This week a class-action lawsuit has been filed against the San Francisco-based trading platform Kraken. A group of customers have revealed that their holdings of 3,414 ETH was liquidated during an Ethereum market flash crash. According to the plaintiffs the cryptocurrency exchange suffered from a denial-of-service (DDoS) attack at the time having many Kraken users unable to use the service.
Five Kraken Customers File Class Action Lawsuit Against the Exchange
Just recently Bitcoin.com reported on the GDAX exchange dealing with an ethereum flash crash that caused quite a bit of controversy. Following the crash, the Coinbase-owned GDAX exchange made amends with its customers by offering to absorb customer losses. However, less than two months ago on May 7th, there was another ethereum market flash crash that allegedly liquidated five customers ETH holdings at $96 USD per token. According to the five plaintiffs, Kraken should have halted trading while under attack. However, Kraken has stated if they had stopped market trading the “consequences for traders would have been even worse.”
At the time Kraken responded to ethereum traders about the margin liquidation incident on the subreddit Ethtrader after the crash and DDoS.
“We have completed our investigation into the May 7th DDoS attack, and the cascading margin liquidations on the ETH/USD order book,” explains the exchange. “Despite the coincidental overlap in timing of the events, we did not find any evidence of a coordinated attack or market manipulation.”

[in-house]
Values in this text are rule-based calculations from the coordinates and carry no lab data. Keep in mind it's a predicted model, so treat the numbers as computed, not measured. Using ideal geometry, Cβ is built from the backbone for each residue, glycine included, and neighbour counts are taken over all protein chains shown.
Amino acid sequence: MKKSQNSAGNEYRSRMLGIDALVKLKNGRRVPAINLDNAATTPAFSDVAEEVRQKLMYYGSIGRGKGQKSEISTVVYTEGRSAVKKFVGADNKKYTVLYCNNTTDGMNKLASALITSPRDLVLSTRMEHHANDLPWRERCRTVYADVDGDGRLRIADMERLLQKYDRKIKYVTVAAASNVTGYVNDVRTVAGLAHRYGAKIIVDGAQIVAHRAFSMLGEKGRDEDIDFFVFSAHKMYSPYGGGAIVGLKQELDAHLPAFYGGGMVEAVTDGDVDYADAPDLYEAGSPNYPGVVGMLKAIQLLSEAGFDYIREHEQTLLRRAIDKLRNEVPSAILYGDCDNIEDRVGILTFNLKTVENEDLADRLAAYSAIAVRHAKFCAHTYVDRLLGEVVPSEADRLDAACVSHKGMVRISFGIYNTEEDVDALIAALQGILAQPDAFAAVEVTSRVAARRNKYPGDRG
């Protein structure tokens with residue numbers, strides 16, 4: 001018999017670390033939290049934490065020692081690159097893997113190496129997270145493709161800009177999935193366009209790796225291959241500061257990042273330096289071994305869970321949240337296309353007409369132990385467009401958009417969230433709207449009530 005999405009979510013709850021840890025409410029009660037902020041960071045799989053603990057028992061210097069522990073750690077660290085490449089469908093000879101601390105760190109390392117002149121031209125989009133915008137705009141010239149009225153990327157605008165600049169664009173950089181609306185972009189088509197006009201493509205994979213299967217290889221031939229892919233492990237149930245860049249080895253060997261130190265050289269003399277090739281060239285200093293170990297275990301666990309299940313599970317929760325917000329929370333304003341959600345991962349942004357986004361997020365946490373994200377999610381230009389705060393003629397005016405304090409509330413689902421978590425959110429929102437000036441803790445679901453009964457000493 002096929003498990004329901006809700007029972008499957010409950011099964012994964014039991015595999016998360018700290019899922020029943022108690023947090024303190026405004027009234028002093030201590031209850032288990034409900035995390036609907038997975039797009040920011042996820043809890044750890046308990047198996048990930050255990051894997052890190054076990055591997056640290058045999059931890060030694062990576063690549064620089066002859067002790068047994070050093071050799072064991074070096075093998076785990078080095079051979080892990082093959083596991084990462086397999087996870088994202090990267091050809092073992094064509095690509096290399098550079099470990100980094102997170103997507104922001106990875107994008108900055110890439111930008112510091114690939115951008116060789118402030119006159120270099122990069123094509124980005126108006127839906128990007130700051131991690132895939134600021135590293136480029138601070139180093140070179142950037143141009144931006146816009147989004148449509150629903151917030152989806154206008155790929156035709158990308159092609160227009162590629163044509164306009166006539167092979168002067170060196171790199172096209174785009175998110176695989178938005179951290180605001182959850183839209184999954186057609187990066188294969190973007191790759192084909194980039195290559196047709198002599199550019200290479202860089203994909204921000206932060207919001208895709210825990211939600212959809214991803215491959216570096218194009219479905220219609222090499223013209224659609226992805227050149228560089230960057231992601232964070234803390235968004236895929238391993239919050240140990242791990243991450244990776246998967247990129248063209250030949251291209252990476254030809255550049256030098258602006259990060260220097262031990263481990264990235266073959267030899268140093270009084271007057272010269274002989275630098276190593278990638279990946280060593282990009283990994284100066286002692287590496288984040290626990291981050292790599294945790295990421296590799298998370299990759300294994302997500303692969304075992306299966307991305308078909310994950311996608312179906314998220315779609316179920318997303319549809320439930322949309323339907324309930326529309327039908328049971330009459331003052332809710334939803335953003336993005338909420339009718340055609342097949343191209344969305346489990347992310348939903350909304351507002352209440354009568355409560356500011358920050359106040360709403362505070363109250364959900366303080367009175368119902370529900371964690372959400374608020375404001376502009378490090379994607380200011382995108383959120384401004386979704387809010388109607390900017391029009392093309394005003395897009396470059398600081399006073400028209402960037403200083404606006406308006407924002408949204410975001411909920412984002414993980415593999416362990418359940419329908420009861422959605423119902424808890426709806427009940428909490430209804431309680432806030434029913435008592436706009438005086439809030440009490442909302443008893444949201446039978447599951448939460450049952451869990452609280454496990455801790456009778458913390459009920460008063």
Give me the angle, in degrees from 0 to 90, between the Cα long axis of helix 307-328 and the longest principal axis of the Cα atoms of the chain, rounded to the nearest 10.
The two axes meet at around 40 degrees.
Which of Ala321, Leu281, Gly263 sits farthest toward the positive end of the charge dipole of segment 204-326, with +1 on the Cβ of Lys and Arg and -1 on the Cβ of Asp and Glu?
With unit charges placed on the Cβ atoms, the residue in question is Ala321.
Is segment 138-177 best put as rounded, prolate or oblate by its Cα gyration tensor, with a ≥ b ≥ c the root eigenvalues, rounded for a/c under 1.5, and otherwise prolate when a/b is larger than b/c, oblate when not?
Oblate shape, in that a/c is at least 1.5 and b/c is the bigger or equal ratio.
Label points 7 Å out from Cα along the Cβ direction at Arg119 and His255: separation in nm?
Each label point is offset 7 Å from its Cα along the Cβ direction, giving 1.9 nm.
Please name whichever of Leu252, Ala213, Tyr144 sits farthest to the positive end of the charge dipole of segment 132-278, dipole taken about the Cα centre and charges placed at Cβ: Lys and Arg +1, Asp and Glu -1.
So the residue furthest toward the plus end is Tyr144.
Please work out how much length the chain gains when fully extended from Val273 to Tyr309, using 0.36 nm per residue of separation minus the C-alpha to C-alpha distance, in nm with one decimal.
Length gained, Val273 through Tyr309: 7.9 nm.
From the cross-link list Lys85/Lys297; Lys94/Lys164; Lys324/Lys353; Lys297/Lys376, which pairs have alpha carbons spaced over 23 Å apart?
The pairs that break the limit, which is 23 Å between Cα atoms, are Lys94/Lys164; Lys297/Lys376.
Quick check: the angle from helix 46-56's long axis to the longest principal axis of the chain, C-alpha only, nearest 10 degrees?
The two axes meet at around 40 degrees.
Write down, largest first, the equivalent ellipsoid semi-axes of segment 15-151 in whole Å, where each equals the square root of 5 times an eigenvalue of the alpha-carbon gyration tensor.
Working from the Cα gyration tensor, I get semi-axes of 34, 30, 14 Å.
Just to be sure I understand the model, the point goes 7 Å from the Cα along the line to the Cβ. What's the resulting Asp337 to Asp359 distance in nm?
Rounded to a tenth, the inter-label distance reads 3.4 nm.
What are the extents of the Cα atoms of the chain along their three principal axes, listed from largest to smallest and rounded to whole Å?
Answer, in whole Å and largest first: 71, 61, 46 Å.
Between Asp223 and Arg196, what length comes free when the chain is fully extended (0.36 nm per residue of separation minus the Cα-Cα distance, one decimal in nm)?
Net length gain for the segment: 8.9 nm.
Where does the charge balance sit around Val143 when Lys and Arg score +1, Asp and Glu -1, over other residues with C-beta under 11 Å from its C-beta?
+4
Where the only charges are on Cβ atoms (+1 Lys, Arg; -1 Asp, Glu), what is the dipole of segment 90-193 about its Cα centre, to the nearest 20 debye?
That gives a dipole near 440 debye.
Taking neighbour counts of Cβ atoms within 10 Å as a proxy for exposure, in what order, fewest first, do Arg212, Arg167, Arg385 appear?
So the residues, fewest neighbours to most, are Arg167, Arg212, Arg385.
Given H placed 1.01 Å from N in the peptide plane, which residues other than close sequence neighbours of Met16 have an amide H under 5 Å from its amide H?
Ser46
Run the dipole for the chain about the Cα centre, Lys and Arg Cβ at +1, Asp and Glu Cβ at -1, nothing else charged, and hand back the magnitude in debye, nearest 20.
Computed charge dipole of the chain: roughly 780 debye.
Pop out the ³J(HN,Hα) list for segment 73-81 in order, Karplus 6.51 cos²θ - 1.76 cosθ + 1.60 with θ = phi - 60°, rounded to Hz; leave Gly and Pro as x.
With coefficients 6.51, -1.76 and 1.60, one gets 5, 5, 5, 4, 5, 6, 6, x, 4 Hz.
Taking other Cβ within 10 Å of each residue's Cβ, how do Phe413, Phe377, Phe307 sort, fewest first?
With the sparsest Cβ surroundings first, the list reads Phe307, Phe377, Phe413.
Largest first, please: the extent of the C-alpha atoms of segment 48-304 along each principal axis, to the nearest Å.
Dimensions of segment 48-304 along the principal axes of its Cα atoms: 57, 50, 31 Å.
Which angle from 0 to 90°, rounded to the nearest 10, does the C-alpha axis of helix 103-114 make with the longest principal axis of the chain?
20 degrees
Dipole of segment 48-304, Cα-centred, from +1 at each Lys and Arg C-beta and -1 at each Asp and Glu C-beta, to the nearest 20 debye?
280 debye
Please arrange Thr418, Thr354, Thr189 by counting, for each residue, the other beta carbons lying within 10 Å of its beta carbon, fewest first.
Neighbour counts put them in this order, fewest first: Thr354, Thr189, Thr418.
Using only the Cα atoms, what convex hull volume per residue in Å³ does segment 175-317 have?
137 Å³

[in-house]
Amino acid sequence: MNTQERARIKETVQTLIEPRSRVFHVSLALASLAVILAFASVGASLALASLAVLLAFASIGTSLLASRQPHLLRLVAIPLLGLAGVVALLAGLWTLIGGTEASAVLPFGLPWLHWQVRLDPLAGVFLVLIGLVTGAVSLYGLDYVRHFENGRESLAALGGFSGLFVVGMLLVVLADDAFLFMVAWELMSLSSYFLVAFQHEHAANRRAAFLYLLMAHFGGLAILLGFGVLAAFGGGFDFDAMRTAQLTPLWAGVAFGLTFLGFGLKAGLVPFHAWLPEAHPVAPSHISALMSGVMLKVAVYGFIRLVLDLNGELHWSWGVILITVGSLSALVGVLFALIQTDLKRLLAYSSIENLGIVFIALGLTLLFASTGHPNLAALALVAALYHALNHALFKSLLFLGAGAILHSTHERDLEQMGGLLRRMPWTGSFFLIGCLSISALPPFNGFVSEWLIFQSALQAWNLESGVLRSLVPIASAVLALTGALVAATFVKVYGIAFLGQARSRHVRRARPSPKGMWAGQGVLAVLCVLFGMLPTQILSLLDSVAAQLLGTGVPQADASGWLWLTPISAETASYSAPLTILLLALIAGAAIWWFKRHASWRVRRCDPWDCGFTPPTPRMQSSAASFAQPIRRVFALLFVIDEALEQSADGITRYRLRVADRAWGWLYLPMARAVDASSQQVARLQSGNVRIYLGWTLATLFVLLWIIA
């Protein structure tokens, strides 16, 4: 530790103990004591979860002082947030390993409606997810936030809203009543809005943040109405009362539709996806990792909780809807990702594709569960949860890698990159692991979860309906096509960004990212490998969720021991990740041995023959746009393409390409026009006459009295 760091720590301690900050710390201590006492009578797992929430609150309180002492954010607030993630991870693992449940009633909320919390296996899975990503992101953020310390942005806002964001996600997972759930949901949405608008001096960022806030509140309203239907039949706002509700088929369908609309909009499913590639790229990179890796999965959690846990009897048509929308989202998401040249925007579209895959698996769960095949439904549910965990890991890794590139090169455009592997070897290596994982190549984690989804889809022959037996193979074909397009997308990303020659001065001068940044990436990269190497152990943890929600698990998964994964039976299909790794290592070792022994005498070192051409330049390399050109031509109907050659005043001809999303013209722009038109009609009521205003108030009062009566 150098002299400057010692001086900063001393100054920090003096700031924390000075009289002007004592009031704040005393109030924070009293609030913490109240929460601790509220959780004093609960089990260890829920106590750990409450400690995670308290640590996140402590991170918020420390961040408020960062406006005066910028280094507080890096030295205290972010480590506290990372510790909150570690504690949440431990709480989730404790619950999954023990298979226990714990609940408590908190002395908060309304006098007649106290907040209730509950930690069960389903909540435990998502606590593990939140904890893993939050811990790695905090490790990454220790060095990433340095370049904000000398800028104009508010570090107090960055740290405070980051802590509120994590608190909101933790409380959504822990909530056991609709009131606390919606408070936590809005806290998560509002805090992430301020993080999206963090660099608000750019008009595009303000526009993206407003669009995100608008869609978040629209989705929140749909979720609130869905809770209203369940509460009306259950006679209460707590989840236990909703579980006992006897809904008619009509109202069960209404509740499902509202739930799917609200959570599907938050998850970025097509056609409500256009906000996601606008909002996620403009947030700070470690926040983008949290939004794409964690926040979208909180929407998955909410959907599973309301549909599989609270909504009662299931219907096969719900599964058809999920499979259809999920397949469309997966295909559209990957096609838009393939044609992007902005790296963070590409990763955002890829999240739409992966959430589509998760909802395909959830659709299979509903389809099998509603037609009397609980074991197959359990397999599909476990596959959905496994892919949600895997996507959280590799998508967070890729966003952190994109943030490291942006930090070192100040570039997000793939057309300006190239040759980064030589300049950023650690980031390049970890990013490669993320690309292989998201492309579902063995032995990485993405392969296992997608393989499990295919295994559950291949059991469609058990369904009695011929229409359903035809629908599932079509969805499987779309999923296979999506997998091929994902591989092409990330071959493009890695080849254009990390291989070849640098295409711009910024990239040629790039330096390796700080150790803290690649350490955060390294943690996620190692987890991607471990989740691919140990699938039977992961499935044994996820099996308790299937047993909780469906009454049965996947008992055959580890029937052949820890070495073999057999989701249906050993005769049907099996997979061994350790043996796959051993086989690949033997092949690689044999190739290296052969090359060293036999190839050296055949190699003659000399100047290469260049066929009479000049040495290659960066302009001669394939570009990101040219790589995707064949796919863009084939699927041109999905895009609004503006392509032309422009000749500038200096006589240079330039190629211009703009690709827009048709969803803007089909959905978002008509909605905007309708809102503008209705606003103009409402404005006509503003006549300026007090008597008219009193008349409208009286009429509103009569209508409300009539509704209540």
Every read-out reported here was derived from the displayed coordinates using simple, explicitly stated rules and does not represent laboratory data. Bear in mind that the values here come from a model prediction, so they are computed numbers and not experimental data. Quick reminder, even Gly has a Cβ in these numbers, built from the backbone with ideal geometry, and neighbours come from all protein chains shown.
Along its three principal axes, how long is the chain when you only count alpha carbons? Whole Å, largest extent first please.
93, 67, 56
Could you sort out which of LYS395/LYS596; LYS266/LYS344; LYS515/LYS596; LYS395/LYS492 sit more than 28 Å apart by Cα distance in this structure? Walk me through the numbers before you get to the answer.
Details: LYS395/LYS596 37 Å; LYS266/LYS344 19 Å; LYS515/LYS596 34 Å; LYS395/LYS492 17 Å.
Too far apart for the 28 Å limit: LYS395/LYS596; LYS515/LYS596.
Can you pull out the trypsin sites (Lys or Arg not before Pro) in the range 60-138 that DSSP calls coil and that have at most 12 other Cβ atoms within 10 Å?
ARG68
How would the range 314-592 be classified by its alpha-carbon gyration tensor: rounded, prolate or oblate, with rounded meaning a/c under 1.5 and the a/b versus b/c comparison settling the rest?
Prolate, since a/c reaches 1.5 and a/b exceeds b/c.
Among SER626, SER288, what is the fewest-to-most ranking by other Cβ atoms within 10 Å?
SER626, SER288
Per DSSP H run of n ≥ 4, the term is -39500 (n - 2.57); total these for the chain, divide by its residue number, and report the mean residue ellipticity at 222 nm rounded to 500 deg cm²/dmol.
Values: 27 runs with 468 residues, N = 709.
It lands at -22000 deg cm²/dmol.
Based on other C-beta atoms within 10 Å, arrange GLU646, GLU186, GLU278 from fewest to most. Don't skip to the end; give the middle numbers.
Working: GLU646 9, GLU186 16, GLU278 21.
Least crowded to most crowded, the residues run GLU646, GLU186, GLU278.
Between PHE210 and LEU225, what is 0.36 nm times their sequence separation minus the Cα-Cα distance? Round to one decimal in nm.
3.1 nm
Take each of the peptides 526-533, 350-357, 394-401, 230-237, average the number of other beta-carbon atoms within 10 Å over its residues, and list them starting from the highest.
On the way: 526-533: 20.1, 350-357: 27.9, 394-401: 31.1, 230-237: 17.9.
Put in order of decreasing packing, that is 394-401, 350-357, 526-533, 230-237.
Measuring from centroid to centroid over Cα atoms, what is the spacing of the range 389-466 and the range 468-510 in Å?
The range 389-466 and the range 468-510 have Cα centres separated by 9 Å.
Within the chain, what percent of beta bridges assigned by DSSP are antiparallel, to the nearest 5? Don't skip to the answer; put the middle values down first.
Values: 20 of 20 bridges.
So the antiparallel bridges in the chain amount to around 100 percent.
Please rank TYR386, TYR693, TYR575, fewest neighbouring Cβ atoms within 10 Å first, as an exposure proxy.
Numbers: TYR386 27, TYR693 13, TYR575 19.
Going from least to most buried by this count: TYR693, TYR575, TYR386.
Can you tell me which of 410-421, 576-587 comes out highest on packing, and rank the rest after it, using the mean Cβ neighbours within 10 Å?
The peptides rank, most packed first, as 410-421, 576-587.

‘The DDoS Did Neither Cause nor Exacerbate Liquidations’
According to Kraken the DDoS did not cause or prolong the liquidations.
Once liquidations are triggered, they cannot be stopped. The best that can be hoped for is that liquidity is there to absorb the market orders. Kraken’s market price protection system attempts to protect those being liquidated by pausing at times to allow liquidity to fill in but there is no guarantee that others are willing and able to provide that liquidity.
“Traders are encouraged to use advanced order types such as stop-loss to set their own exits,” explains Kraken. “Unfortunately, we cannot compensate traders for the outcome of naturally occurring events in the market, nor losses due to unavoidable DDoS attacks.”
Redress for ‘Unlawful Conduct’
The class-action lawsuit seeks restitution for what the plaintiffs believe was “unlawful conduct” from the Payward Incorporated Kraken cryptocurrency exchange.
“For unconscionably freezing and liquidating the ether holdings of plaintiffs and the class in the midst of an event that exposed fatal flaws in Kraken’s business operations,” explains the lawsuit’s argument. The paperwork from the Silver Law Group details that ethereum markets dropped over 70 percent from approximately 3:30 pm PST until approximately 4:30 pm PST. “[Ethereum’s] value almost fully restored to its previous position after the one-hour business interruption,” the plaintiff’s case reads.
All-Time Highs and Flash Crash Parties
The story comes at a time where exchanges are seeing a massive surge of new users and heavy trading. Customers have complained about nearly every exchange having operational issues, and almost every exchange has warned their clients of these nuisances. During the first week of April, Poloniex traders complained about a Ripple market flash crash taking place with a similar outcome.
People have tried to speculate on who may be behind the quick crashes taking place on these altcoin markets, more specifically ethereum markets have flash crashed twice in less than two months with little evidence to be found. Moreover, although there have been losses some people have made a lot of money too. One trader scooped up 3809 ethers at $0.10 per ETH making a cool million in a matter of seconds. Others grabbed many ether tokens at various amounts under $40 as well. At the time multitudes of ethereum traders hoping to get lucky with another flash crash created hundreds of bids for ether tokens under $50.
What do you think about the class action lawsuit against Kraken? What do you think about all the flash crashes lately? Let us know in the comments below.
Images via Pixabay, Trustnodes.com, and The Silver Law Group lawsuit.
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